Upon re-familiarizing herself with the material, Elias ultimately focused on nine pieces including “The Impossible Dream,” as well as the show’s title track and such favorites as “A Little Gossip,” “The Barber’s Song” and “It’s All the Same.” Each track bears Elias’ indelibly personalized touch. “This record is Brazilian/Latin/jazz,” she says. “It has all the elements together, which felt like a natural blend to me.”
Music from Man of La Mancha begins with back-to-back arrangements of “To Each His Dulcinea” and “Dulcinea,” the former featuring the Johnson-Takeishi-Badrena combo and the latter Gomez and DeJohnette. “When sequencing the tracks, I thought it was a beautiful way to start by showcasing the two trios,” she says. Elias approached each arrangement differently, based on what the music said to her. “A Little Gossip,” Elias explains, “felt just perfect to be set within the Brazilian rhythm of frevo. In general, arranging the songs was a combination of applying different rhythms, re-harmonizations, new improvisational sections, inventing completely new parts such as introductions, interludes, endings, using modulations to create color and overall momentum, lift and interest while staying true to the original melodies. Some of the songs have more Latin flavor; others have more of a Brazilian flavor. ‘The Barber Song’ is more like a Brazilian baião where I harmonize every note of the melody and freely play over the bar-line. ‘The Impossible Dream’ is a samba. Every tune has its own treatment. ‘What Does He Want of Me’ and ‘Man of La Mancha’ have a lot of interplay. There’s a lot of variety. I really enjoyed preparing the arrangements for this recording because Mitch gave me artistic freedom.”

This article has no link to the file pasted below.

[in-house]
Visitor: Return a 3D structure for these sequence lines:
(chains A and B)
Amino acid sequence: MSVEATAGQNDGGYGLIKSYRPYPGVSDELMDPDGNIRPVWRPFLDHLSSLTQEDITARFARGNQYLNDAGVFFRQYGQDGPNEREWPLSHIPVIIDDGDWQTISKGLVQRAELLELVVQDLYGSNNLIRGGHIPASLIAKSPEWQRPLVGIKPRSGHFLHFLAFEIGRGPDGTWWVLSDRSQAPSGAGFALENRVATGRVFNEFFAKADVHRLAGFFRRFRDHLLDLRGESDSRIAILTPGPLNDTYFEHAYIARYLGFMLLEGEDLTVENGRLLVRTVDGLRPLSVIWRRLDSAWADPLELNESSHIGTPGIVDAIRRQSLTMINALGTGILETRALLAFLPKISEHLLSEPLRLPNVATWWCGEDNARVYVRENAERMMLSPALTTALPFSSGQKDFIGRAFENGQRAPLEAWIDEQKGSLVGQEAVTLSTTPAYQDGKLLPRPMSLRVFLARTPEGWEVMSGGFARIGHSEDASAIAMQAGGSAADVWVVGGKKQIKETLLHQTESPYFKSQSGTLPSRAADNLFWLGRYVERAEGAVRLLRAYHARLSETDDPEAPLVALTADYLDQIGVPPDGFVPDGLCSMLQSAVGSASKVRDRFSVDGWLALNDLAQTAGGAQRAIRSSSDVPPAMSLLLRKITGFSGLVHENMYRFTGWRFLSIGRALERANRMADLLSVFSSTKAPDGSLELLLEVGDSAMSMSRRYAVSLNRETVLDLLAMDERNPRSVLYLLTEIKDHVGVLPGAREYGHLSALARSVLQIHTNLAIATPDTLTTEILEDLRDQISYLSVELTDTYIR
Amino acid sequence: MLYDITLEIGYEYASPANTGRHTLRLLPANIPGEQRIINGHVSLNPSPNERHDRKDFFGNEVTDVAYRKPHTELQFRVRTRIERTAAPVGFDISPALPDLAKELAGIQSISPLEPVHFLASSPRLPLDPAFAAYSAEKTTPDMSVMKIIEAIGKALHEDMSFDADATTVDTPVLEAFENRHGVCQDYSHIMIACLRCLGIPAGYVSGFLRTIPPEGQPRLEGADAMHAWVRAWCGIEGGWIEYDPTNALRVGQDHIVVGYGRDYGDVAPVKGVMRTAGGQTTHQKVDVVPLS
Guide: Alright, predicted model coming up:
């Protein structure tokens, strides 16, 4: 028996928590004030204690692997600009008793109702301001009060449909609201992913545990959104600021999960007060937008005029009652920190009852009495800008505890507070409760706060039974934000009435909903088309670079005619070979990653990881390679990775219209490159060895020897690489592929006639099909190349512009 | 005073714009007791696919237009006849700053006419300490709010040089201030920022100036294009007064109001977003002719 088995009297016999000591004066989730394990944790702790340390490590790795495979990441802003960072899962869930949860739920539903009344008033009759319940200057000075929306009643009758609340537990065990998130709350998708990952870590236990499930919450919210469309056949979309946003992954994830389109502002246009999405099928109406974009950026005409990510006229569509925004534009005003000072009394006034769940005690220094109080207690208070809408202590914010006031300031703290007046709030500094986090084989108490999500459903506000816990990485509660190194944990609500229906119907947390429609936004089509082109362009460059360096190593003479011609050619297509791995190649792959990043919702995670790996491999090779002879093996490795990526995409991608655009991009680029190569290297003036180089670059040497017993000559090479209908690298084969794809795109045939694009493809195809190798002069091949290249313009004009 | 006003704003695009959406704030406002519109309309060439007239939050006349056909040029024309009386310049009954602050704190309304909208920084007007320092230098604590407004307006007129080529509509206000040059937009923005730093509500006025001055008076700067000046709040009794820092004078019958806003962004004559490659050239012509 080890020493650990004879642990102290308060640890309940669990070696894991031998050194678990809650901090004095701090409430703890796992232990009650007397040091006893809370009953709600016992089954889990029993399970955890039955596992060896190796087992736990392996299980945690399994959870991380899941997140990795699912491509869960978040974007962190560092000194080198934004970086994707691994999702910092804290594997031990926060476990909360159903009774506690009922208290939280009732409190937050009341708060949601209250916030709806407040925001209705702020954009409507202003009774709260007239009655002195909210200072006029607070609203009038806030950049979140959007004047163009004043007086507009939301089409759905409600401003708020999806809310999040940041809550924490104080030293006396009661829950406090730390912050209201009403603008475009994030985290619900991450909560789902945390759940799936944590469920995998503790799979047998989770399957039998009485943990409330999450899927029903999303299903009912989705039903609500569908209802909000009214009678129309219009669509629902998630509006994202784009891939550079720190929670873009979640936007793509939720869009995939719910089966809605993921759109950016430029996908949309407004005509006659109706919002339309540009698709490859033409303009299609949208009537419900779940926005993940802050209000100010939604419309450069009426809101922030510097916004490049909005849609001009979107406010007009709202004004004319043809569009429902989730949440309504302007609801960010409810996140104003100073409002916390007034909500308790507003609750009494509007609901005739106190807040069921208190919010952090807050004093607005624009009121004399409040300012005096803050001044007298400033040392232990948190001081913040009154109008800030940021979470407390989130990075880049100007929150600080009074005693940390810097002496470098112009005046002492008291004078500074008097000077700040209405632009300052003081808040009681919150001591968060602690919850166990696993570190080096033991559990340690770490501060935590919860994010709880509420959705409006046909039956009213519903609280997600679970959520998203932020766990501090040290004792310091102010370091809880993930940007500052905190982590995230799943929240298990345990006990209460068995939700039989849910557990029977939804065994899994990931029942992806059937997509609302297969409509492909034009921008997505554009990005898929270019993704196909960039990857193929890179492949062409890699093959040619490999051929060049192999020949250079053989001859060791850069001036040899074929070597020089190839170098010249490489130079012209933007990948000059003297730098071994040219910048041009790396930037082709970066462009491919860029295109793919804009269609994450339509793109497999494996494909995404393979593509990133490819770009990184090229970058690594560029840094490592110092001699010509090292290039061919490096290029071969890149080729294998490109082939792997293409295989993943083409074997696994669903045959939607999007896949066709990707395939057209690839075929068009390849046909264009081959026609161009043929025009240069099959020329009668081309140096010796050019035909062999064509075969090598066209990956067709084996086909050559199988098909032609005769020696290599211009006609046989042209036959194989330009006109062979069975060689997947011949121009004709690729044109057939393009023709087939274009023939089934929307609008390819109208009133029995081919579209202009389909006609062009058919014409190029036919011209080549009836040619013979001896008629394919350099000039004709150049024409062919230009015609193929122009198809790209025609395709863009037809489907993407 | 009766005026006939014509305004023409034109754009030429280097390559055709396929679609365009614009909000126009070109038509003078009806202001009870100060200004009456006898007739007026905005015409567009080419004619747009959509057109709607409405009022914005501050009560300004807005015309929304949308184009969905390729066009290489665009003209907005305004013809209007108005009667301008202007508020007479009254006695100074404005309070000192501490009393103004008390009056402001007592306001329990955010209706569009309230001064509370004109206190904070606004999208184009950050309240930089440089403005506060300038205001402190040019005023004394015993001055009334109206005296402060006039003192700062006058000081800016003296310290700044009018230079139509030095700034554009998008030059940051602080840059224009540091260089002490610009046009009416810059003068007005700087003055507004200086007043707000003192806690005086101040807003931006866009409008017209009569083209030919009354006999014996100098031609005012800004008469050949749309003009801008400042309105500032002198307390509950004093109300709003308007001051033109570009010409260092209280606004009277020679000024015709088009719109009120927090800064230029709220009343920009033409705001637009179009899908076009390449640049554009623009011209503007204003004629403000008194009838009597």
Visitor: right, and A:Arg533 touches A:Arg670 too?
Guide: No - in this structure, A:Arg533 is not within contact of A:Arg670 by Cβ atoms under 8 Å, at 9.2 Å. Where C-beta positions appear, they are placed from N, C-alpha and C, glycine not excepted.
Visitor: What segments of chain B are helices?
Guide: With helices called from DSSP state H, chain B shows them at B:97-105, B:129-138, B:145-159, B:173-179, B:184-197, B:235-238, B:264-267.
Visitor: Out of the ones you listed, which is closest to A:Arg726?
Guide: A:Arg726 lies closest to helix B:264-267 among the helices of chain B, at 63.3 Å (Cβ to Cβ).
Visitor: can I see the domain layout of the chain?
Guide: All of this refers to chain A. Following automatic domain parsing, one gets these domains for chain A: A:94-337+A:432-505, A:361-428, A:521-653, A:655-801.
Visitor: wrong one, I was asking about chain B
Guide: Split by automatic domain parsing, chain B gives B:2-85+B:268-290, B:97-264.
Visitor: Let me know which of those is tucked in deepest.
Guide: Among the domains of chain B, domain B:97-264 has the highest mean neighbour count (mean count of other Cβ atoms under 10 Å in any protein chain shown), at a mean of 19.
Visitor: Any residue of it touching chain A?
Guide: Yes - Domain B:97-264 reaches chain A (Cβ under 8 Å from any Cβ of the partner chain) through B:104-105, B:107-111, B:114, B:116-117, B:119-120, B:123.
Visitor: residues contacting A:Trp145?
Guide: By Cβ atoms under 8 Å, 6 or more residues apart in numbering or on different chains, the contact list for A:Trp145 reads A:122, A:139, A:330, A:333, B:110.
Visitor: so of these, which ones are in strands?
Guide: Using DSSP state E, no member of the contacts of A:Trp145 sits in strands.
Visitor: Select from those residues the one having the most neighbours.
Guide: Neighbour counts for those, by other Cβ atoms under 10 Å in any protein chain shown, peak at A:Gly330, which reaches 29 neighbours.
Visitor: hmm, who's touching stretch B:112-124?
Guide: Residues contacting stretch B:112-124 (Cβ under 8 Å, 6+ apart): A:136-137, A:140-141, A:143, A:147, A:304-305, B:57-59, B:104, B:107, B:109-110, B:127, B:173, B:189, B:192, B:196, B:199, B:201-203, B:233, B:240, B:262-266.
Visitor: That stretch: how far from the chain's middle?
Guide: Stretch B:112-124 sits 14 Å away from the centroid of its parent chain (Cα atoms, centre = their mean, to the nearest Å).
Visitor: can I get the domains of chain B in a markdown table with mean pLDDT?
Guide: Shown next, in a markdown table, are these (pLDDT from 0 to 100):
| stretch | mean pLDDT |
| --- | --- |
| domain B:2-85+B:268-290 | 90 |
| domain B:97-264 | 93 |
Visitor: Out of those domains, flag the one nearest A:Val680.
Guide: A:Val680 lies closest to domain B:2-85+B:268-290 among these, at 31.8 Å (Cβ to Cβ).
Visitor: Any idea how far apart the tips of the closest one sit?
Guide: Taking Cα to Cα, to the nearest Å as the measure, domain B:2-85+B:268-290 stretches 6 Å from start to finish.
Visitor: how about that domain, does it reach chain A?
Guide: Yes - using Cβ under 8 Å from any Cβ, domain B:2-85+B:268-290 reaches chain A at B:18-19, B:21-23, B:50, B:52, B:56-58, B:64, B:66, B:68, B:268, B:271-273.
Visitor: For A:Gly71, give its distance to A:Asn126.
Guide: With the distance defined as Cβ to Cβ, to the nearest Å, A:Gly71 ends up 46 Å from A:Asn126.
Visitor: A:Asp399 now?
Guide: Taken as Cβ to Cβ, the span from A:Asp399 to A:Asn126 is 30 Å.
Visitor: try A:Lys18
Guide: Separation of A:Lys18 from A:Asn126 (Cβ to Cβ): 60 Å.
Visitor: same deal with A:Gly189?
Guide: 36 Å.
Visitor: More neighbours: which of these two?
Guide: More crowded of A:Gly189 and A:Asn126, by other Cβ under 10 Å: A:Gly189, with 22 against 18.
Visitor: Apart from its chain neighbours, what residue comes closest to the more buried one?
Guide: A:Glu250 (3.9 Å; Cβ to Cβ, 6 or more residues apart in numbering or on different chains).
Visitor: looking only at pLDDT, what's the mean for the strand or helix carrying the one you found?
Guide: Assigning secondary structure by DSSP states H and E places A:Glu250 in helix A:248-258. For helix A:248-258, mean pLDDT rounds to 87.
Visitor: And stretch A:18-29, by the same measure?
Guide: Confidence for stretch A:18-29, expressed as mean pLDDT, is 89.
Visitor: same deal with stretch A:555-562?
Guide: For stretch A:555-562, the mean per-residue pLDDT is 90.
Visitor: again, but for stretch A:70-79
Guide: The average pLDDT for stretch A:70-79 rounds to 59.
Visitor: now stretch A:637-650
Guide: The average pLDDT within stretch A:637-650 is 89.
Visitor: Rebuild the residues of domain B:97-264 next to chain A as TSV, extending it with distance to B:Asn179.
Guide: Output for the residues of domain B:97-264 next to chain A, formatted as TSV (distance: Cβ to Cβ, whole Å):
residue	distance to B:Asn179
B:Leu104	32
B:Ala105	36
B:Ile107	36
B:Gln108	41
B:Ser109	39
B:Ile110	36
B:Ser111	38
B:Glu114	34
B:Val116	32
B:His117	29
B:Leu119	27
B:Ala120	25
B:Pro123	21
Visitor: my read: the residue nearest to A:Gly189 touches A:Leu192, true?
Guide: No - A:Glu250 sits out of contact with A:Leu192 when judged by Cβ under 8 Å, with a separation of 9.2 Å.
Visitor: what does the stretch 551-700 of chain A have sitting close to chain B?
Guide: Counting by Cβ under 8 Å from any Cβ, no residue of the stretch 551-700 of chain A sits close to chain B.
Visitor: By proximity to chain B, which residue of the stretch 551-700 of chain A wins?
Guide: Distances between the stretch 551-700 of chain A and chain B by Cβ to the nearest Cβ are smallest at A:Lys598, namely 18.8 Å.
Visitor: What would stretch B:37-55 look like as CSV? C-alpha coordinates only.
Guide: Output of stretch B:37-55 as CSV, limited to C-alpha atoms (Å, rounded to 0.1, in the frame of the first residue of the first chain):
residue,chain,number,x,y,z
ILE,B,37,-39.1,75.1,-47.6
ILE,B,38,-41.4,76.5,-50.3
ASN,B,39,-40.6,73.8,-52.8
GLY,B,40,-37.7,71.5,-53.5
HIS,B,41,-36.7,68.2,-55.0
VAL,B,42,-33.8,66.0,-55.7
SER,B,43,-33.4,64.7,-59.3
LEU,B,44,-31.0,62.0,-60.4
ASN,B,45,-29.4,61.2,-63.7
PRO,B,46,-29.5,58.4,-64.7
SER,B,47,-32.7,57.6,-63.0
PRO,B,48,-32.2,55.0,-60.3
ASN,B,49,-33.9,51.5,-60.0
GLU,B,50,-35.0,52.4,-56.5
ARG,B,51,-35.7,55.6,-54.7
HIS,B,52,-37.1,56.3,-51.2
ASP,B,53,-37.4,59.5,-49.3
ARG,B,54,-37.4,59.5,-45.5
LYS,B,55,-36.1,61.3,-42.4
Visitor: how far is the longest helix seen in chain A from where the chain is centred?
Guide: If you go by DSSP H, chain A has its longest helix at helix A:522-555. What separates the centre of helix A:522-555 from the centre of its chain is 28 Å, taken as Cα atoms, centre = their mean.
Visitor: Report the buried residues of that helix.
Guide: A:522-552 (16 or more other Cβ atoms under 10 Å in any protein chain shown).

All of the music was recorded live in NYC’s Power Station Studio and it was mixed at Leigh’s Secret Studio in New York City. “For the most part, we usually ended up using the first take,” she says. “That spontaneity and freshness when you first record something is hard to beat. Of course, the musicians were prepared and rehearsed. My choices as to which musicians played on which songs were based on the type of arrangements that I wrote. I played to the strengths of each trio. It brought beautiful and varied interpretations, different feels and colors to the music by having two different bassists and two different drummers.”
Due to contractual circumstances, the album was not released at the time of recording, and Leigh has since passed away. Elias says that she was gratified to see how much Leigh enjoyed what she had done, saying, “I was thrilled to see Mitch’s excitement, enthusiastic approval, joy and delight with these arrangements and interpretations. Speaking from the arranger’s chair, it is the highest praise when the composer is enamored with the reimagining of his work.” Leigh’s children have stated, “Our dad loved this album, playing it for guests, with pride, but also when he was on his own, listening to it again and again. We all feel sure he’d be very proud it’s being issued for the public.”